Borough teacher pens math adventure for children


By Elio Gugliotti, Editor

Thomas Deitelbaum

NAUGATUCK — As schools across the state turned to distance learning amid the COVID-19 outbreak this spring, Thomas Deitelbaum thought about the significant amount of time children spent in front of computer screens.

Then an idea popped into his head.

Deitelbaum, a fourth-grade teacher at Hop Brook Elementary School, would write a children’s book — one that children could enjoy, while still learning, away from their computer screens.

Deitelbaum’s idea became reality in October when he self-published his first book, “Halfsy: A Math Adventure,” through Amazon’s Kindle Direct Publishing platform. The book is available as a paperback only on Amazon.

“I truly believe that every child can succeed with math, and I hope this book is one small way that kids — even if ‘math averse’ — can have a positive and fun experience thinking about math, and start to see math not just as something hidden in a textbook or that they do once a day in school, but something that surrounds them in their world,” said Deitelbaum, a 42-year-old lifelong Naugatuck resident.

The picture book follows the character Halfsy as he travels from his home of Zero to the land of One, and stops to explore the island of Half on the way. Along his journey, Halfsy encounters different representations of the mathematical concept of half, such as half as a set of objects and as a part of a whole. The book includes prompts at the end for parents and educators to discuss with children.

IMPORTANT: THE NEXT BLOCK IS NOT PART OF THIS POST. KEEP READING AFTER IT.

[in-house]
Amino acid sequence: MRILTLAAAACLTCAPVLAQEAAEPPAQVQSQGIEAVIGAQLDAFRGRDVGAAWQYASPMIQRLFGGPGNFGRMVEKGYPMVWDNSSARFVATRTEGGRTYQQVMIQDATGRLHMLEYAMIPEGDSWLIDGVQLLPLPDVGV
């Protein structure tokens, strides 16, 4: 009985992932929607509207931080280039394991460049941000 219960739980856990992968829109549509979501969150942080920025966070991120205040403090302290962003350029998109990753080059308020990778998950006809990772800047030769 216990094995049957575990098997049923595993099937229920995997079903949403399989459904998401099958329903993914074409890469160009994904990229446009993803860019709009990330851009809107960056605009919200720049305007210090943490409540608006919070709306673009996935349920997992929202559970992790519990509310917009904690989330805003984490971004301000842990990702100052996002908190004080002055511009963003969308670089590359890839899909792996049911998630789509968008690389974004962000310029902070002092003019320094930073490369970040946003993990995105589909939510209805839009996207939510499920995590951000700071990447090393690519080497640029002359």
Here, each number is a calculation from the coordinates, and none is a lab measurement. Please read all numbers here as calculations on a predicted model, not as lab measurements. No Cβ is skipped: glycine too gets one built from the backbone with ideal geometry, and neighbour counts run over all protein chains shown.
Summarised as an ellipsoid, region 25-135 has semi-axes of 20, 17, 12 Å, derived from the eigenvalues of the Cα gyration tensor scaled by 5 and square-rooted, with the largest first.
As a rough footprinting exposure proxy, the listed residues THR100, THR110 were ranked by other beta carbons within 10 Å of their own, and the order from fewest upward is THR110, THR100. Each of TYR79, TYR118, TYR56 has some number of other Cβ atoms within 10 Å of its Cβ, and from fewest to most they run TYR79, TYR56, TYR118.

“I think it’s important for kids that they have different representations of any concept that they’re learning about,” Deitelbaum said.

Deitelbaum said he chose the concept of half for the story because it’s one children can understand and fractions are a fundamental part of math.

Deitelbaum connected with an illustrator, Carolyn Frank, for the book through Fiverr, an online platform for freelance services. He also received plenty of help from his family: his wife, Catherine, and their three children, Luke, 14, John, 12, and Sophie, 6.

Luke helped develop story boards for the book and the whole family was a great sounding board for ideas, Deitelbaum said. He added he was able to do his own market research at home with his young daughter, Sophie. If she responded well to ideas, he said he knew he was on the right track.

Market research isn’t a foreign concept to Deitelbaum.

Education is a second career for Deitelbaum, who has taught at Hop Brook for his entire eight-year teaching career. Before going into teaching, he worked in project management roles with marketing companies.

Education runs in his family, said Deitelbaum. His wife is a math teacher at Shelton High School and his sister-in-law, Tiffany Deitelbaum, is a veteran educator in Naugatuck and the principal at Cross Street Intermediate School.

“I’ve always had educators around me, and it’s something I was always in tune with and interested in,” he said.